Owing to damage to development caused by the ongoing coronavirus pandemic, the broadcaster company of the most happening Cartoon has stated that the show will have to turn to reruns from next week. Sazae-san, an anime series airing every Sunday night and shown since 1969, apparently there are no new episodes. So as of this Sunday, Fuji TV is broadcasting the reruns.
Based on a Machiko Hasegawa manga series, Sazae-san is one of the longest-running TV shows, with more than 2,500 episodes. The story is about a titular Japanese woman and her family going through life’s motions. The “Sazae-san” show, broadcast every Sunday since 1969, featuring the regular ups and downs of suburban Japanese housewife Sazae with her extended family, is a household name for many generations of the Japanese family.
For so many episodes, there’s room for the series to portray many traditional traditions and activities taking place in modern Japan, but it’s noteworthy that it doesn’t incorporate technical advancements. According to some figures, it can still draw about 10 percent of the viewing audience for its 30-minute slot at 6.30 p.m. Sundays. Sazae-san feels frozen in time like an ever-present part of Japanese culture, so the interruption to its development would be more shocking for many than for the average series. A Fuji TV spokeswoman had recently stated to Reuters that this is the first time since 1975 when Japan was dealing with the fallout from a global oil shock, the broadcaster has had to resort to reruns.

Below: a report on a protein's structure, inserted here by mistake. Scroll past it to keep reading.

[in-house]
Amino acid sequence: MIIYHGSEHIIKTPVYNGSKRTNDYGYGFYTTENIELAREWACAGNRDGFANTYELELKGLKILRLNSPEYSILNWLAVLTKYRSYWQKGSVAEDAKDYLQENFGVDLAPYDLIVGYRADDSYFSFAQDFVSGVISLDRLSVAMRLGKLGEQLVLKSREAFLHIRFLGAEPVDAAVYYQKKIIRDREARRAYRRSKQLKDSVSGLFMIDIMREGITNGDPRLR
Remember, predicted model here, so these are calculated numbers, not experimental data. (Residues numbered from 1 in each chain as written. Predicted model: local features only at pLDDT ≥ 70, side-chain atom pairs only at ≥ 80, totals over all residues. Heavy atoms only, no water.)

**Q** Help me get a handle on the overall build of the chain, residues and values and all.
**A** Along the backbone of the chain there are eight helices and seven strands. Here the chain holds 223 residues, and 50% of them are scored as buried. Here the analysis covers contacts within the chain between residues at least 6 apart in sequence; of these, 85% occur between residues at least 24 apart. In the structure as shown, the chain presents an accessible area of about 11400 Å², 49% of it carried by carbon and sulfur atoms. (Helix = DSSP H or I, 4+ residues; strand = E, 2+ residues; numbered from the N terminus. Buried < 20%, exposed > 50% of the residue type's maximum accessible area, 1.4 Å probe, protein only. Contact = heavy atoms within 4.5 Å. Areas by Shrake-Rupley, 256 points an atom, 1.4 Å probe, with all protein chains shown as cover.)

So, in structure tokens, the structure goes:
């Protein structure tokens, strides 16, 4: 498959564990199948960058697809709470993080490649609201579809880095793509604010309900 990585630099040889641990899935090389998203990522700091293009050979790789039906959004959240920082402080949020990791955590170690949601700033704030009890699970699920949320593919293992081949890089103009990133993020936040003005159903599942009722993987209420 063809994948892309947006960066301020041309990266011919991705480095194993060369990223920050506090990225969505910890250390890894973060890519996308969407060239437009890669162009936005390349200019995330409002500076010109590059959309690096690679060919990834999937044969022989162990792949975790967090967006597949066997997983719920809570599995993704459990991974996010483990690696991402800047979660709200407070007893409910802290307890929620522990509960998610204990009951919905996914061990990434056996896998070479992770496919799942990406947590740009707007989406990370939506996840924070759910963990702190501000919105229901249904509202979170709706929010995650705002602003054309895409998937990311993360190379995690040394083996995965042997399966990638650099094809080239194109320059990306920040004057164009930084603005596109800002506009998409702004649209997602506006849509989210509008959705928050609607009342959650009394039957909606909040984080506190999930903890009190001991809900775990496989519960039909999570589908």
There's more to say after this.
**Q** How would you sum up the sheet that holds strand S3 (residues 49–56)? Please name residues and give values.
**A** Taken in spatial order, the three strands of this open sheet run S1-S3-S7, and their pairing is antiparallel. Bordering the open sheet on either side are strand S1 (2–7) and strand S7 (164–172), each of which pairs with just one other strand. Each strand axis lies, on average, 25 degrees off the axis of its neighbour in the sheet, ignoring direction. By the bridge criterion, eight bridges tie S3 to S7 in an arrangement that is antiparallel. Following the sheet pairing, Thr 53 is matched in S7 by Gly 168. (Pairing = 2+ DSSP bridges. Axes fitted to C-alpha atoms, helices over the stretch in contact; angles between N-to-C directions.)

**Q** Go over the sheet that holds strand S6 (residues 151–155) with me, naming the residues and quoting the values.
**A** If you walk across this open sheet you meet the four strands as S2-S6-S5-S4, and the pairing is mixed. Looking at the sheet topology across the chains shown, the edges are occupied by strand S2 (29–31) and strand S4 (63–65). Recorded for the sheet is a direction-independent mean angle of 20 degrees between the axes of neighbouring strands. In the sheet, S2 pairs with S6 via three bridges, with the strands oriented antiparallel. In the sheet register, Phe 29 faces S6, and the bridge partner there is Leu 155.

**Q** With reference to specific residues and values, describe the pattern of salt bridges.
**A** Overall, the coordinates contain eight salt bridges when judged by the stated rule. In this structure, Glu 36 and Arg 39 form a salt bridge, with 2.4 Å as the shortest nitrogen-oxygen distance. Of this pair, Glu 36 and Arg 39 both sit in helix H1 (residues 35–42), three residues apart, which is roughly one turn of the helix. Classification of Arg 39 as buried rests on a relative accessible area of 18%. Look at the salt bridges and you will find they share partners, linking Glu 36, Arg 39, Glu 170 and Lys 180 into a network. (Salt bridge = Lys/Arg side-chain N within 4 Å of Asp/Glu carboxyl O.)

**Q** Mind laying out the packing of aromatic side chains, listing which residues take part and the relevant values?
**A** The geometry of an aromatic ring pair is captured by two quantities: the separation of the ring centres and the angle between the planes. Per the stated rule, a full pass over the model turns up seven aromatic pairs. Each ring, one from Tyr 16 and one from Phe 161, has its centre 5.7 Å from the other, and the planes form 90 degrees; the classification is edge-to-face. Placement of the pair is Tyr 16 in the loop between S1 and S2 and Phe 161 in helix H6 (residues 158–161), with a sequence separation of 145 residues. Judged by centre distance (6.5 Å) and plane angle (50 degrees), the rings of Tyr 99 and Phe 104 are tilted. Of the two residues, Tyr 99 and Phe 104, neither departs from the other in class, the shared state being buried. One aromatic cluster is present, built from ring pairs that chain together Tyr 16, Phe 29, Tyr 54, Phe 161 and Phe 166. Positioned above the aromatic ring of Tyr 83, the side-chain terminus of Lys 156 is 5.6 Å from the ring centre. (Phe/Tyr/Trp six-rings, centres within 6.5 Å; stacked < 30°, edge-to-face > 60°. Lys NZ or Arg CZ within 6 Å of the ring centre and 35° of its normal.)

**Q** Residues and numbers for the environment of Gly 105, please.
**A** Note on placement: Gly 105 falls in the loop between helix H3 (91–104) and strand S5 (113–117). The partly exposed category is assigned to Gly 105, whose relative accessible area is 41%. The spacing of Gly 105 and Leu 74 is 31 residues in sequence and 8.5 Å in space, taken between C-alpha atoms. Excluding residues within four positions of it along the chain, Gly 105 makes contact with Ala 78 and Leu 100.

The show, which was adapted from the traditional old age four-frame comic strips by late author Machiko Hasegawa, was recognized as the longest-running animated series by Guinness World Records in 2013, a title previously attributed to U.S. show “The Simpsons” by the record-keeping organization.
Although the number of reported cases of coronavirus and deaths has been small in Japan due to some foreign comparisons, the Japanese economy — the world’s third-largest — has been badly hit by the pandemic’s global implications and is predicted to have plummeted into recession this year. Of course, Sazae-san is not the only weekly Japanese TV show that is experiencing chaos because of COVID-19. Earlier this month, as part of attempts to stop the spread of the virus, the government prolonged the country’s state of emergency until the end of May, prolonging shutdowns for several businesses. Long-running manga publication Big Comic said on Saturday that its brutal hitman show “Golgo 13” will take the first hiatus in its 52-year existence since social constraints to contain the virus has made it difficult to create the hand-drawn Cartoon.
Takao Saito, 83, who produced the manga, and more than 10 other people are involved in its creation according to the editorial staff at the magazine. The decision to stop the show was taken to protect the safety of those involved because they eventually come into close contact with each other in the process of making new episodes for long hours, the staff said.
Image source: The Verge